Morning run

Sleepy eye beats the alarm,
fills up, sets up, dresses up, laces up, steps out
into the empty streets
stalked by pale morning cats,
past “why do I do this?”,
through “how can I do this?”
to the misty river’s edge
where single sculls dip and glide.

Along the silent white ribbon
drifts of autumn leaves return to the trees of spring,
reluctant legs pass
dogs walk women walk men walk dogs
and jog the first bridge into view,
beams grey with waiting
for trains,
for paint,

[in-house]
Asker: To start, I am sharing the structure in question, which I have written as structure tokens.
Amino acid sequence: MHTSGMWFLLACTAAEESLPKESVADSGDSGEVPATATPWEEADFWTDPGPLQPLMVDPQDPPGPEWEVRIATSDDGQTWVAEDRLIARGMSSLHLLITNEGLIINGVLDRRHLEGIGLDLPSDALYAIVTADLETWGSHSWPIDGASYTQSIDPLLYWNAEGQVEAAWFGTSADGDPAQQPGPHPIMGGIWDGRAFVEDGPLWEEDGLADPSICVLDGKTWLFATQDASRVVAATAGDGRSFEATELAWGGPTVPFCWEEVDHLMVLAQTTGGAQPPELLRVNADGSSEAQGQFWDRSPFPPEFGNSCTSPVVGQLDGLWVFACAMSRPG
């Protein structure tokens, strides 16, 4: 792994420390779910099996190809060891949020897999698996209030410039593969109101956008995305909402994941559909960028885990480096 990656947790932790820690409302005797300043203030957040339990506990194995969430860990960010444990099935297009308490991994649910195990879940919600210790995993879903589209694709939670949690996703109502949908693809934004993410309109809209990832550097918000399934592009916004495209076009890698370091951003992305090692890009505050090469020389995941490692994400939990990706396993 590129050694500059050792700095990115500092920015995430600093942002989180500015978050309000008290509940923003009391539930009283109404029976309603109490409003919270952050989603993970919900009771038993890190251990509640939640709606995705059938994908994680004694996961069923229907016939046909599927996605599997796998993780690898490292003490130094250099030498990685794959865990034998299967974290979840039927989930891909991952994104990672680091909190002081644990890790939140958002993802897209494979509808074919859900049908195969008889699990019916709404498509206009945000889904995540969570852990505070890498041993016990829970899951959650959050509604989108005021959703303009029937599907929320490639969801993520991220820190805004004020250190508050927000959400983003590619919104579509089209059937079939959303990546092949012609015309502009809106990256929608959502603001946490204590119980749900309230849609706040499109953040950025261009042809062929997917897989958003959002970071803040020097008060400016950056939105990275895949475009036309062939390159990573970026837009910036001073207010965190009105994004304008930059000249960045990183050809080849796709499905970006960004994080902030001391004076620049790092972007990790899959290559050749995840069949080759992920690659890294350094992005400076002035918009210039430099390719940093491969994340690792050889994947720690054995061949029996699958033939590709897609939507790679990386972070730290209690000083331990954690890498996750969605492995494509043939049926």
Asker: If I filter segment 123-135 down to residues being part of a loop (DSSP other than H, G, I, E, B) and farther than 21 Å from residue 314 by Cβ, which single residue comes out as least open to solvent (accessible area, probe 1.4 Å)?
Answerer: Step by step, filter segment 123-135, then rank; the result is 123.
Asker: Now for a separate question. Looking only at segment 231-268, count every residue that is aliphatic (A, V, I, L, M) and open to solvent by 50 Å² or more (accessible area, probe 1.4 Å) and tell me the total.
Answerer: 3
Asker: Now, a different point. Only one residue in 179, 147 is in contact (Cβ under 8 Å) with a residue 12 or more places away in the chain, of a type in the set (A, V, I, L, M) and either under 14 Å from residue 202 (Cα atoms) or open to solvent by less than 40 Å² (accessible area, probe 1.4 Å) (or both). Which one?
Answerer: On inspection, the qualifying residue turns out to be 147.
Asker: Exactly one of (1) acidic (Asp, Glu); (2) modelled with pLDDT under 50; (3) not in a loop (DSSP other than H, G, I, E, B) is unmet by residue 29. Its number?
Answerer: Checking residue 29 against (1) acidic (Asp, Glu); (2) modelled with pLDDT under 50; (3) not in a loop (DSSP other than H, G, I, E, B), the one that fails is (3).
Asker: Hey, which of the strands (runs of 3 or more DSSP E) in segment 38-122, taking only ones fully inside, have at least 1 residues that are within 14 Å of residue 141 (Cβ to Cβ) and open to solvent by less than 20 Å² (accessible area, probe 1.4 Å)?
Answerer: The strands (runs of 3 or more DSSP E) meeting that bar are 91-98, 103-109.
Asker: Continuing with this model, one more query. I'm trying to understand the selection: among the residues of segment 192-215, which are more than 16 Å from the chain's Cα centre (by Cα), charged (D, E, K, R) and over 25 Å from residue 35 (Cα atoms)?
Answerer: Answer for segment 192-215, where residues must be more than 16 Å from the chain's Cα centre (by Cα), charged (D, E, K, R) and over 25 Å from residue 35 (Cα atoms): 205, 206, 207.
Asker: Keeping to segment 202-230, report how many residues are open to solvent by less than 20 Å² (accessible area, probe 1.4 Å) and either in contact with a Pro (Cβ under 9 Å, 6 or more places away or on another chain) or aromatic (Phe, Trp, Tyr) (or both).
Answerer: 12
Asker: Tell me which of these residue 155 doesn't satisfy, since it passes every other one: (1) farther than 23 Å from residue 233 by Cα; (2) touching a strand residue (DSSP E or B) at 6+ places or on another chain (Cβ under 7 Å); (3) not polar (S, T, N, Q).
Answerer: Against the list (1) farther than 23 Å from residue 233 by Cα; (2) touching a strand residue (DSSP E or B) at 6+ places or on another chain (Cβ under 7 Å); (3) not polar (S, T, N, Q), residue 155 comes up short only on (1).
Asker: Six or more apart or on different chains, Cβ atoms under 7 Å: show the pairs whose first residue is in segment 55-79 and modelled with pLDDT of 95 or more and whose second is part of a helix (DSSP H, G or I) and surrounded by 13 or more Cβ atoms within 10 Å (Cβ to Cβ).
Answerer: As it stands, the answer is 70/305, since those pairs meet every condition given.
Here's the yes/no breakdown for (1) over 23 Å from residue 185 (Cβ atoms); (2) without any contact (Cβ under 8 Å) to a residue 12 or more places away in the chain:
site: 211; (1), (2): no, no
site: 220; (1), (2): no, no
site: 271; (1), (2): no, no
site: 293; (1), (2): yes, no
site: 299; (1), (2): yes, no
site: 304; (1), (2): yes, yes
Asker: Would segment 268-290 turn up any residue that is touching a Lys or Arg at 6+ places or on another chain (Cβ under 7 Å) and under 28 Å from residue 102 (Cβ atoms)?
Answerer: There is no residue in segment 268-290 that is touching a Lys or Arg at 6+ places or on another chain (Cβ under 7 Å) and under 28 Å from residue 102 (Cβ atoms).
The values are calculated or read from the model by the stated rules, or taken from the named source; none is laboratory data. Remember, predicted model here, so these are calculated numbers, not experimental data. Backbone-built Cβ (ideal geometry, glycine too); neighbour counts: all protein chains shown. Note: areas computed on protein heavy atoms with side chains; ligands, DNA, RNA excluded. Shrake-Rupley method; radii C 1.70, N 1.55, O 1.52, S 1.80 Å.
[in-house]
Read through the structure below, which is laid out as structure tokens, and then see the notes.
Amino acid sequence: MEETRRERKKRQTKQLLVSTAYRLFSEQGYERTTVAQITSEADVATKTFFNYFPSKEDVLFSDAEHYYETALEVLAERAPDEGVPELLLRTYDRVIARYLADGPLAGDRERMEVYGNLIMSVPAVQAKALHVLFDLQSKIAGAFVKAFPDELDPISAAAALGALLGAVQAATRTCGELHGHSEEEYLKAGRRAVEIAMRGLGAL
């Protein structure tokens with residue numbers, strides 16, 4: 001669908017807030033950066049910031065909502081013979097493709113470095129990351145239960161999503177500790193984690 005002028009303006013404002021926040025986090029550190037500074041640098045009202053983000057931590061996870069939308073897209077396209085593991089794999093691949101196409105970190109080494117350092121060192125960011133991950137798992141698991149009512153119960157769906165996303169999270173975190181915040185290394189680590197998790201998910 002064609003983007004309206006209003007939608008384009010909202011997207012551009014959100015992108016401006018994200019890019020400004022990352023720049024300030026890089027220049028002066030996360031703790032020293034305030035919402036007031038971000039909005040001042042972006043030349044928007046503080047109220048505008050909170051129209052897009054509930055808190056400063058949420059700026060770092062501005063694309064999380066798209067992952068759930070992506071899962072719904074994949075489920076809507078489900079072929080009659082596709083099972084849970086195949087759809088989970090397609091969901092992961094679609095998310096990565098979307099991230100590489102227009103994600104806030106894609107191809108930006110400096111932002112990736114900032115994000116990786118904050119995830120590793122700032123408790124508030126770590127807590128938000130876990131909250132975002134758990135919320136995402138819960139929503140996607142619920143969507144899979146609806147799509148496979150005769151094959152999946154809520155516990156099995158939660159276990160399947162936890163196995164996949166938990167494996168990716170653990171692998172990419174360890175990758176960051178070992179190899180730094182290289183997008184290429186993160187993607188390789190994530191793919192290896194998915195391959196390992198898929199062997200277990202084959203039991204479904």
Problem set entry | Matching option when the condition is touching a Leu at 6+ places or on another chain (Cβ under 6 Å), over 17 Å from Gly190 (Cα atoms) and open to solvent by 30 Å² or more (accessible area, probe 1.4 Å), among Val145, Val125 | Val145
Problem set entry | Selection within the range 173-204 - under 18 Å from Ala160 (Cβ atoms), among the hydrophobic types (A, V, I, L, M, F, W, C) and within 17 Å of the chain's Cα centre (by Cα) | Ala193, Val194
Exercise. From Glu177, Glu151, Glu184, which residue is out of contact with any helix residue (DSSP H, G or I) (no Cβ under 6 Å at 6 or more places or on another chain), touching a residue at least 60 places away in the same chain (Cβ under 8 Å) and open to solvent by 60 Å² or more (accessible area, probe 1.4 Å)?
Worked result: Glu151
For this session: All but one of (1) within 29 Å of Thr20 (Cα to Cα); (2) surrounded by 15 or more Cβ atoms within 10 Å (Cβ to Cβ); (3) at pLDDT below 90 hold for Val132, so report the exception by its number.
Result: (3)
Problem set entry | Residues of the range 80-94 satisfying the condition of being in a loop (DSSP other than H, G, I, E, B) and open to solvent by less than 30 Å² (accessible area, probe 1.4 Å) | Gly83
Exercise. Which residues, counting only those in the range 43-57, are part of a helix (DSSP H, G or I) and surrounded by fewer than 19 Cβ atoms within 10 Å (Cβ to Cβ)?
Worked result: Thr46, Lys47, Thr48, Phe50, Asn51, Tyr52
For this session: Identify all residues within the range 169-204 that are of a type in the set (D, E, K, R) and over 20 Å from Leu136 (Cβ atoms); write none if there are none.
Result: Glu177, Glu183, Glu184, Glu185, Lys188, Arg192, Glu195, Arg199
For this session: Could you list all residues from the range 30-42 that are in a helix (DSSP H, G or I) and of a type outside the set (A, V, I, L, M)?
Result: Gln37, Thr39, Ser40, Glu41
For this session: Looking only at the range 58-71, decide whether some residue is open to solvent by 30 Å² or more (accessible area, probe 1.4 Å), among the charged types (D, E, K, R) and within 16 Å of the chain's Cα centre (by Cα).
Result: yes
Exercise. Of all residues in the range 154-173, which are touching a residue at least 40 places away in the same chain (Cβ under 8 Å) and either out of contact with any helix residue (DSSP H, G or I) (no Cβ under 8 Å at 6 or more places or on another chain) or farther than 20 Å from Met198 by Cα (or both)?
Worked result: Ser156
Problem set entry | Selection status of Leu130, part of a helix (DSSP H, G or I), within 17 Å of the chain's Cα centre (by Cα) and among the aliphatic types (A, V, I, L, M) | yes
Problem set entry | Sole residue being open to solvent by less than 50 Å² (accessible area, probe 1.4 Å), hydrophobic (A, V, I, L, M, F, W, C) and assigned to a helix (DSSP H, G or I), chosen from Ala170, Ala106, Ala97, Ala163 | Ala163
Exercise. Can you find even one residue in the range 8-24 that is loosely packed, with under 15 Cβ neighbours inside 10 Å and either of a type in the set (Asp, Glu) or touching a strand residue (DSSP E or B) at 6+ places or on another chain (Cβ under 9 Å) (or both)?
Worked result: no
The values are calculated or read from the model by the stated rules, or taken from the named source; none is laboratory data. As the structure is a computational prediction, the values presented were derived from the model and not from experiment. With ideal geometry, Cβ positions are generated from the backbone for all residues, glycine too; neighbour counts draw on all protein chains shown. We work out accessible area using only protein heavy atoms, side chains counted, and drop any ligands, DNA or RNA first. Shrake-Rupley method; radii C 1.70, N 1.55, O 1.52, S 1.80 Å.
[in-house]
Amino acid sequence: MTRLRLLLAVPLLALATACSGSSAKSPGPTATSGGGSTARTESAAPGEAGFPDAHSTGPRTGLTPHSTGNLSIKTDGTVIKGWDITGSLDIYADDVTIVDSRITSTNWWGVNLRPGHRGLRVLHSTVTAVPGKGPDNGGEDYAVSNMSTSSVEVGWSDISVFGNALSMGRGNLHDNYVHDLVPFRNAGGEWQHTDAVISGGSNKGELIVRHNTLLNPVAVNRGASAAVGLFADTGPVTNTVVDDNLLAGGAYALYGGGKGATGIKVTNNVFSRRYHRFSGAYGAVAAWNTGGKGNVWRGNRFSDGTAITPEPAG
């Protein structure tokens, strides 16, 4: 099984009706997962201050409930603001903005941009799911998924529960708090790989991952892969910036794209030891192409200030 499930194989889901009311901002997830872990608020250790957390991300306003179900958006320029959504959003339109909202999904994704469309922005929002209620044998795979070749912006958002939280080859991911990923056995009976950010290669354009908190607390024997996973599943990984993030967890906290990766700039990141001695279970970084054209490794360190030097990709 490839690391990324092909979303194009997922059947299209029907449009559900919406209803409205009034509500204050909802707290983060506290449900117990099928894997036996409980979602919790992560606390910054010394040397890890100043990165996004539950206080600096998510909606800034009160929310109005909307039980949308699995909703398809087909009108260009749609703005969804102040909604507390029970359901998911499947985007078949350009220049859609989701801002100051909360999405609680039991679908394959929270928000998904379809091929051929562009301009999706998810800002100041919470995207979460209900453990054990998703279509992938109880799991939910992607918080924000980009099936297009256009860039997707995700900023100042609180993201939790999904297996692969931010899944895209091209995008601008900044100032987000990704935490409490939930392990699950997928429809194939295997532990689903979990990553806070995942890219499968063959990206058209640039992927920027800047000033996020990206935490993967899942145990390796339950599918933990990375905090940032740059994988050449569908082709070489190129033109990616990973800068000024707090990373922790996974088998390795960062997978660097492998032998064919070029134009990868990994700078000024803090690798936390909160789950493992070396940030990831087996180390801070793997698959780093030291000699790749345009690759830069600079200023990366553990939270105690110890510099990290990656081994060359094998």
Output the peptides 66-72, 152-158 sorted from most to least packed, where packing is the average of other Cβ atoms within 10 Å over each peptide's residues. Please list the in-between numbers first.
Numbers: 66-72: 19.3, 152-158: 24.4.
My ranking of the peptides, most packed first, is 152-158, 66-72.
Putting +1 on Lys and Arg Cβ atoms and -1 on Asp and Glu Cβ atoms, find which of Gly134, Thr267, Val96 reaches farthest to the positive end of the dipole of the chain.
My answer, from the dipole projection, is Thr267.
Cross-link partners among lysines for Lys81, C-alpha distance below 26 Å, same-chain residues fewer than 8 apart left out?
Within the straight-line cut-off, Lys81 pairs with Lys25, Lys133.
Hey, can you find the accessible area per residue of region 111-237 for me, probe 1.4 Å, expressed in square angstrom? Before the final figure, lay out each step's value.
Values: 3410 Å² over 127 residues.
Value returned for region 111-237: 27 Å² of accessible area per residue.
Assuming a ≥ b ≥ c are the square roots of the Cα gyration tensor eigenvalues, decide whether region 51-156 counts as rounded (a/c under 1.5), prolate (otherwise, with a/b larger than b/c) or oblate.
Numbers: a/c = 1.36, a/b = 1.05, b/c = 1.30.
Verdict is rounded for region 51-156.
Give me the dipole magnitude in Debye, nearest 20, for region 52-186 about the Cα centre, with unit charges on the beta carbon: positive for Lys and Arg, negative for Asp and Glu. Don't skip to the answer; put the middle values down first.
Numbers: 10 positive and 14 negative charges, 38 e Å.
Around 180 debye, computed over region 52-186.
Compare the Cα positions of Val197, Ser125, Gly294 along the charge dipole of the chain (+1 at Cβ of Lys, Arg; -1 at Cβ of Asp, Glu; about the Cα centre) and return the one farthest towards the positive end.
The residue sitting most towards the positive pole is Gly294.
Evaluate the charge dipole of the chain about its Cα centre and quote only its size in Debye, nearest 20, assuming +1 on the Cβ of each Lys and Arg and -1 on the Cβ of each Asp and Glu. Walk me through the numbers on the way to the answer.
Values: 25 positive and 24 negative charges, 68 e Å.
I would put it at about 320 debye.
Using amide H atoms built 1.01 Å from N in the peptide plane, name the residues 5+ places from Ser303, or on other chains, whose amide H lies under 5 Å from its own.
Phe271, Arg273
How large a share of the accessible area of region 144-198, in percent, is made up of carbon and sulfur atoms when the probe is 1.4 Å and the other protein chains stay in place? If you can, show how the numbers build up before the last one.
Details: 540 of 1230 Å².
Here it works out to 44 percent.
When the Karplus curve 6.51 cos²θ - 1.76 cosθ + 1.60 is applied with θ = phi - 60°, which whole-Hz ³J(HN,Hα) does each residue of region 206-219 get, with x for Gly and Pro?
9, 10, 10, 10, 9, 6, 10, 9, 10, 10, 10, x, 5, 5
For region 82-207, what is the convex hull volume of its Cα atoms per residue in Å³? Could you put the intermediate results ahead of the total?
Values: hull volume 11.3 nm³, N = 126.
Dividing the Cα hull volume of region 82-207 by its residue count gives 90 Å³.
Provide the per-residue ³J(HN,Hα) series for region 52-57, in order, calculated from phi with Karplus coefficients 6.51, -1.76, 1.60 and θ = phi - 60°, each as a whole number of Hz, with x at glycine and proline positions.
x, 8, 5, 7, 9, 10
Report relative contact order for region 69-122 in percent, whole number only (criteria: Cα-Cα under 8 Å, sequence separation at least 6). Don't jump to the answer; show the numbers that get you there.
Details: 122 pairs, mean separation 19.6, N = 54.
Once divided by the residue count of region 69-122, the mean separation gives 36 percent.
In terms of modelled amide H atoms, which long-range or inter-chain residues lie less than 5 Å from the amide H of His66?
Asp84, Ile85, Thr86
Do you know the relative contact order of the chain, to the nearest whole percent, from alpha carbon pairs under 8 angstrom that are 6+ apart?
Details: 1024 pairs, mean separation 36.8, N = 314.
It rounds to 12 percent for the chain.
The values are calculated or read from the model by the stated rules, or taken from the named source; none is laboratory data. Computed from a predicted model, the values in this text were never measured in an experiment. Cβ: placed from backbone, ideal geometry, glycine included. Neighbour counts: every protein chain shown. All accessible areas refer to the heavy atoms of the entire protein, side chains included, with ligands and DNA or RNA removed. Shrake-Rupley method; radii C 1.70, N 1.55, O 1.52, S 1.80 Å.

for the sun.

Mind numb now with
pacing, pushing, passing, panting
breathless “morning!”
soft “hello!”
to fellow footmen of the dawn,
fading into an unequilibrium
of stubbornness and pain
until the next bridge girds itself …
with sunlight.

The glare and warm of sunlight still young as the day.
Rebirth, salvation,
largesse of quickening light!

And so with the sun
in easy homeward strides.

[note color=”#86c440″]Leigh Harrison © APRA 2011[/note]

I wrote this poem while I was running one morning. I have a standard circuit that takes me up one side of the Whanganui River, across the rail bridge and back down the other side to the Dublin Street bridge for the return journey.

The accompanying photographs are some of the many I’ve taken along that route over the last couple of years.